Echolalia – Me, the broken record

Image depicting the quote "Borrowing words is not without meaning or purpose. It can be regulation, it can be stimulation, it can be communication." on orange background. This quote is about echolalia by Autistictic.

Echolalia – what is it?

Echolalia is the repetition of phrases or sounds one hears. Immediate echolalia means the immediate repetition of something one has just heard. Delayed echolalia means the delayed repetition of something one has heard some time before.
Echolalia often seems to be used interchangeably with the term “scripting”. However, echolalia means repeating sounds, single words or short phrases whereas scripting means longer passages from for example books or movies.
Echolalia can be witnessed in both verbal and nonverbal people. It is interesting to know that echolalia, while commonly associated with autism, is also witnessed in neurotypical children as part of their natural speech development.

For the longest time echolalia was thought of as being meaningless and many people still believe that today. It was thought that people with echolalia just mindlessly repeated things they heard and had no control over that behavior.

Echolalia is not just meaningless stereotypic behavior

Echolalia can have many purposes which might not always be obvious to people. Whether or not you are generally familiar with echolalia you might not “get” what it is used for in any specific situation.
Echolalia may be a way to self-stimulate. A person might enjoy the way a certain sound makes them feel, feels in their throat, sounds in their ears.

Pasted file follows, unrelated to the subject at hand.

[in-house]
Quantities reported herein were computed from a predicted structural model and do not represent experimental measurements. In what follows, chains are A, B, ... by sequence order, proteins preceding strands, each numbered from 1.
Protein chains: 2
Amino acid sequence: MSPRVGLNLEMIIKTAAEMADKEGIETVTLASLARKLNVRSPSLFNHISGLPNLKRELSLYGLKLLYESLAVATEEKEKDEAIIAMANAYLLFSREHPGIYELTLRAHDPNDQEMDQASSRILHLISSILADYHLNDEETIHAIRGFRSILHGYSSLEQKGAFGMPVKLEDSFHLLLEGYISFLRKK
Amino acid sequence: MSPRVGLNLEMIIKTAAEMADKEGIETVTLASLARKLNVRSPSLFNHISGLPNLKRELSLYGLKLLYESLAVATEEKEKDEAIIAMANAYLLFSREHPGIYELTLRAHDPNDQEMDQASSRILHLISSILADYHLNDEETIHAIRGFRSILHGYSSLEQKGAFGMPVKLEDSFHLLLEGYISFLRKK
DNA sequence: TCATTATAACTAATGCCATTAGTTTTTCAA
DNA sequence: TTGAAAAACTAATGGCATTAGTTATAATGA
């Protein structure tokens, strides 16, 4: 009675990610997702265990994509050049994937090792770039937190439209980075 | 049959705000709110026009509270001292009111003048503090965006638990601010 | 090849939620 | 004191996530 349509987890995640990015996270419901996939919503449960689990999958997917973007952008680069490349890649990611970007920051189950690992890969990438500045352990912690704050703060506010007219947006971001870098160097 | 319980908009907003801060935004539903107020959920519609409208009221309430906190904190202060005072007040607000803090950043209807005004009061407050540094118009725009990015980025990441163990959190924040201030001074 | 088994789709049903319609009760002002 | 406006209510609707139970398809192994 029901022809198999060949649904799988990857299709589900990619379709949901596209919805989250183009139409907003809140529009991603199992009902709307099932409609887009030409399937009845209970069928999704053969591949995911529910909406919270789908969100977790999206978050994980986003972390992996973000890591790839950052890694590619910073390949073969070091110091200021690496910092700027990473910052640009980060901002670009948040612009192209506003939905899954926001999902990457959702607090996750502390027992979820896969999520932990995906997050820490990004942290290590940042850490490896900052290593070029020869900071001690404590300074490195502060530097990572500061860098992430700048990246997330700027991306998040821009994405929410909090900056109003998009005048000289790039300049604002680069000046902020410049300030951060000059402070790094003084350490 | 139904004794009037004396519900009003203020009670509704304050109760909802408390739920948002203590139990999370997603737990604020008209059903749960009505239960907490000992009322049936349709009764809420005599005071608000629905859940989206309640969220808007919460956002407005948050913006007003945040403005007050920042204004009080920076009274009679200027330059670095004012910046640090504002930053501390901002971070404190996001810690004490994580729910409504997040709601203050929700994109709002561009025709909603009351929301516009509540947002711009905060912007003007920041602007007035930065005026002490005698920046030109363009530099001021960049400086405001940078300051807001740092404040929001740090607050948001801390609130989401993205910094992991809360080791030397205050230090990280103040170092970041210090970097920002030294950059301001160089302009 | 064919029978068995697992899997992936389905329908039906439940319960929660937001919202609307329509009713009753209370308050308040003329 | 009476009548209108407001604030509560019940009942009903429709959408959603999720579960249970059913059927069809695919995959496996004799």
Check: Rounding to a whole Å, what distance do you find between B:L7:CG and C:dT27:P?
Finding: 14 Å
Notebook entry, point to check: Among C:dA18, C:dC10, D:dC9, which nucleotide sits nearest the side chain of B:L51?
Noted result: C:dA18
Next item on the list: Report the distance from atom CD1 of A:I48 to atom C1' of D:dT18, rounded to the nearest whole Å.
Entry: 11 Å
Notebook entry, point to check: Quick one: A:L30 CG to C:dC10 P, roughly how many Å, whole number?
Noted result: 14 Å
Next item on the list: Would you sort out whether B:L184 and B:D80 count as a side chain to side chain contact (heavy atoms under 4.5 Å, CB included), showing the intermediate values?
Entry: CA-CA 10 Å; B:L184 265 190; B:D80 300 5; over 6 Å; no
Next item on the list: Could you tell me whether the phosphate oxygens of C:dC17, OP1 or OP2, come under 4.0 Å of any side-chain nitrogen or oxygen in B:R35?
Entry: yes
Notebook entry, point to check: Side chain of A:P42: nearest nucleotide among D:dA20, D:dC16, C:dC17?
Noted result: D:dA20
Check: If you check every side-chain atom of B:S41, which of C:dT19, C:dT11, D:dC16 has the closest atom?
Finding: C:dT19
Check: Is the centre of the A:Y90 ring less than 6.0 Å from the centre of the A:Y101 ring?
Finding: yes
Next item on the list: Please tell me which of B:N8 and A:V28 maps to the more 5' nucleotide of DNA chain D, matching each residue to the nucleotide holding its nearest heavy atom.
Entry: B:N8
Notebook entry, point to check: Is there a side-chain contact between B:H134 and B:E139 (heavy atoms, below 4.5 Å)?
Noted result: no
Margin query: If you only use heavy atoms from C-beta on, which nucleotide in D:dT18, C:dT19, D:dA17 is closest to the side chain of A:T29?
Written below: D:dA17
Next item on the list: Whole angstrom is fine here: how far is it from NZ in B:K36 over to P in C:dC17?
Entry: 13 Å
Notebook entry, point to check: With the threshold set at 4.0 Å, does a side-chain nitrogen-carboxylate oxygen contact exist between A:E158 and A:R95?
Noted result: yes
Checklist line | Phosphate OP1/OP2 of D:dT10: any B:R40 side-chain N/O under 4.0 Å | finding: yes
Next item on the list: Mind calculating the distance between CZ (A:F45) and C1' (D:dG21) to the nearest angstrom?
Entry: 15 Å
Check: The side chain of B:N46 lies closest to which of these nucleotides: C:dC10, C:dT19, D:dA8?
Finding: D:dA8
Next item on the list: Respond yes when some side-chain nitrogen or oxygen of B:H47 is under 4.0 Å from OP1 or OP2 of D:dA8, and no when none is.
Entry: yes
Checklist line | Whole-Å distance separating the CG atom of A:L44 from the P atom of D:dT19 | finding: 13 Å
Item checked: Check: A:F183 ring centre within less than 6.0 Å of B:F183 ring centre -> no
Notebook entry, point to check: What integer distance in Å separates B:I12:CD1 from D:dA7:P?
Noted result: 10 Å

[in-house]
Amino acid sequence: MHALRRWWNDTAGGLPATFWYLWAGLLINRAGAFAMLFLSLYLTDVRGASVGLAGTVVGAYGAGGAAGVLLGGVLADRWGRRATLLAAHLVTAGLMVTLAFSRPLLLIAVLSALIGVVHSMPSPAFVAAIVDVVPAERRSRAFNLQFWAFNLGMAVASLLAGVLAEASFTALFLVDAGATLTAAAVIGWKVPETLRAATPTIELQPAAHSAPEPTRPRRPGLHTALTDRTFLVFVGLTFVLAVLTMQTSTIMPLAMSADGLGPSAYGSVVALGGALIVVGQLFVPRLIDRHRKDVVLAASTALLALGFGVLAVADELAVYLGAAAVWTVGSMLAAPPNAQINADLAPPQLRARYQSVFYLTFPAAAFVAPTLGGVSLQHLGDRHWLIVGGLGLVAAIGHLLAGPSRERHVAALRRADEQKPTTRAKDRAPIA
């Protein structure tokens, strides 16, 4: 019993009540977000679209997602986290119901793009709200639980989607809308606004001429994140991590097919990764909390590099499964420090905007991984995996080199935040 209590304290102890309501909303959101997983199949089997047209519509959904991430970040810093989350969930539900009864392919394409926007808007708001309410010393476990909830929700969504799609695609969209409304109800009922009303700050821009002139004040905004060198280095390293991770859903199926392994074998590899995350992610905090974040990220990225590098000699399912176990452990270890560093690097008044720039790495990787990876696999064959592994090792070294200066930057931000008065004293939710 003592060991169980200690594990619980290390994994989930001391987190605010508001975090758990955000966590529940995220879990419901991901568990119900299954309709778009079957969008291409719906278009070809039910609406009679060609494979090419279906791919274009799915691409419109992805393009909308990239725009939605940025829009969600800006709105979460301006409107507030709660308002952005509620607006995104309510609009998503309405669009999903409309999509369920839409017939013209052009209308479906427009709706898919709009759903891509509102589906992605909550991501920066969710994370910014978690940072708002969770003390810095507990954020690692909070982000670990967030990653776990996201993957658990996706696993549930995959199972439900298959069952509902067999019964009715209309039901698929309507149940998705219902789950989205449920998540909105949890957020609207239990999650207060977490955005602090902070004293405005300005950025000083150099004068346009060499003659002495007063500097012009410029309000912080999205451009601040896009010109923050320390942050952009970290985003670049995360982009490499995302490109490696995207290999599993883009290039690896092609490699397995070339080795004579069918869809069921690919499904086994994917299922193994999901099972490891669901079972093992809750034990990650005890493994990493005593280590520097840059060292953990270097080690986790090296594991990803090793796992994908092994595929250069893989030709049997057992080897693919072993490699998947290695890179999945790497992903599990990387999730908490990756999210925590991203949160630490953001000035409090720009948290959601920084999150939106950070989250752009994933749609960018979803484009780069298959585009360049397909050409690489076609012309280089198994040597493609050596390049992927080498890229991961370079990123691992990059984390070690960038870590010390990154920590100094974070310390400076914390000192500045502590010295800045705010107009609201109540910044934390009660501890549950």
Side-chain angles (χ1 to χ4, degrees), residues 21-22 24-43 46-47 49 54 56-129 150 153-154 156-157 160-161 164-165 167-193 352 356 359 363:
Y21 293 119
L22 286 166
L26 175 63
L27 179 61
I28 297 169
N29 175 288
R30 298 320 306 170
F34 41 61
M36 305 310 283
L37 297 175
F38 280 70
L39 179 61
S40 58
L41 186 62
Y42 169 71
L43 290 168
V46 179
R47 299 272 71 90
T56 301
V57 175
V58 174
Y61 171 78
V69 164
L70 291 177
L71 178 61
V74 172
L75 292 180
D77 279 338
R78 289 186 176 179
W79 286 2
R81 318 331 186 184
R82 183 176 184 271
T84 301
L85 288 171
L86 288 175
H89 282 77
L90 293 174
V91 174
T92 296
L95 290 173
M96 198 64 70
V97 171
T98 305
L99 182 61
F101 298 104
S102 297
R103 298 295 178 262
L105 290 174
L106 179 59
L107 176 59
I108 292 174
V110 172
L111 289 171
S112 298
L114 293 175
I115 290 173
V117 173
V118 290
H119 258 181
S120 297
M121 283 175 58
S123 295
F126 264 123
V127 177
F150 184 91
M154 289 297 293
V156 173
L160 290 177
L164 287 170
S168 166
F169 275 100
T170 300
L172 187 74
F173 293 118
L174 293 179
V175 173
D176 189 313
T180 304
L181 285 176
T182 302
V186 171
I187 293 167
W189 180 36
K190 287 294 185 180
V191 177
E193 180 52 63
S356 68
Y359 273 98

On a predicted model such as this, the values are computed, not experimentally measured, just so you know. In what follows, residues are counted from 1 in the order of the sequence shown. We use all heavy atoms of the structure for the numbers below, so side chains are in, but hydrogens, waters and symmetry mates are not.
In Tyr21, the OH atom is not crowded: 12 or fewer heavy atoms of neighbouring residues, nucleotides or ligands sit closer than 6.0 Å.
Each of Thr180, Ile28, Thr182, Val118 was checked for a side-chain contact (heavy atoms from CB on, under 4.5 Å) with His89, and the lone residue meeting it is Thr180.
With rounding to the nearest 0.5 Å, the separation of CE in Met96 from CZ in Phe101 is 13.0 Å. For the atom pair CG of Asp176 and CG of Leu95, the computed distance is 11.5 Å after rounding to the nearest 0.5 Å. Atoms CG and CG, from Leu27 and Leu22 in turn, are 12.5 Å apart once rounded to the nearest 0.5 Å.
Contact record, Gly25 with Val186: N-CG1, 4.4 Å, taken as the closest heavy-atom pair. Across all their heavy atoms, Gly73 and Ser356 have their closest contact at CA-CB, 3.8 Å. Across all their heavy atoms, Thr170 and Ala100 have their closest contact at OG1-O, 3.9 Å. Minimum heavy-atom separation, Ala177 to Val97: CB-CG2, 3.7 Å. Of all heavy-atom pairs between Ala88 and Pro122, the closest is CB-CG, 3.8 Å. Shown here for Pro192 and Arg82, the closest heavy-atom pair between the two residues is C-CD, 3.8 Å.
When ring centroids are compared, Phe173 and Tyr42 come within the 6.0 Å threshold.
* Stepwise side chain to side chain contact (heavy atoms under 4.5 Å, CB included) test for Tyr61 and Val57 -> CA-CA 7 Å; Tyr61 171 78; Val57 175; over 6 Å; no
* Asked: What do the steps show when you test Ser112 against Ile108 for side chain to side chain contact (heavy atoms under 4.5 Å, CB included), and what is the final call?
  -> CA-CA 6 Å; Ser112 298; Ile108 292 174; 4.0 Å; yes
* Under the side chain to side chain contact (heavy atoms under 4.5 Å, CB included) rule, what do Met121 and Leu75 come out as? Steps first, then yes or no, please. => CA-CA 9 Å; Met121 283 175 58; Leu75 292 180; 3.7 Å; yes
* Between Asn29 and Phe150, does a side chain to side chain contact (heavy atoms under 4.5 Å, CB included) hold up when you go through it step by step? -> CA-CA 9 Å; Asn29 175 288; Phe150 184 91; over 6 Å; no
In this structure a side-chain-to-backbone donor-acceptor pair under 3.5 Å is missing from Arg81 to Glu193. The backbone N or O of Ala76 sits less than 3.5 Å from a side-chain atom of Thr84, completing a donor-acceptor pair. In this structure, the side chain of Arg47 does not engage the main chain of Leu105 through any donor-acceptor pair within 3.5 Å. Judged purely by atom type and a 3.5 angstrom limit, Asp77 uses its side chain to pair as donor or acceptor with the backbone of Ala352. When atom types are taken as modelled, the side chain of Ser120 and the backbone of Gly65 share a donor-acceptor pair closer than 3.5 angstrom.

It may be a way to self-regulate. A person may be able to calm themselves down by repeating the same word over and over in stressful situations.
It may be a way to communicate. A person might be able to use the words of others instead of their own words which might not ever or not always be available to them.

Echolalia can be involuntary but it does not have to be. And once echolalia becomes voluntary it can very well be a way to communicate with others.
Someone with echolalia might not use their own words to convey what they want to say. But if you can select which words and phrases to repeat, echolalia can become a way to communicate.
This could be called echolalian scripting. One does not repeat the same sound, word, or phrase over and over as with pure echolalia. Instead one uses a specific word or phrase they heard before in use during a specific situation. Imagine this as someone reading off a script that runs only in their head.
When I think of communicative echolalia I think of Bumblebee from the movie “Transformers”. His own internal speech mechanism is broken so he communicates via playing recorded segments of for example radio shows.

When dealing with echolalia in communication one may run into trouble. Imagine you ask a child “Do you want the red shirt or the green shirt?” and your child answers “The green shirt.”.
You hand the child the green shirt and the child starts crying. That was a child with echolalia repeating the end of your question back to you and you thinking you had gotten a verbal answer to your question.
If this is a problem in social interaction it is important to offer nonverbal ways to communicate. Instead of asking which shirt a child wants and expecting a verbal answer you could hold out both shirts in front of a child and say “Please point to the shirt you want.”. This allows the child to communicate their actual wish without having to speak.
This is a very simplified example but I am sure you get the idea. If you know someone has echolalia keep it in mind when communicating. Make sure you offer nonverbal alternatives.
And watch carefully for signs that you might have misunderstood. Not everyone will always just start crying. Misunderstandings most likely happen a lot to that person and they might just stay quiet because they are currently unable to even make themselves heard.

Intense inside feelings can cause compulsory echolalia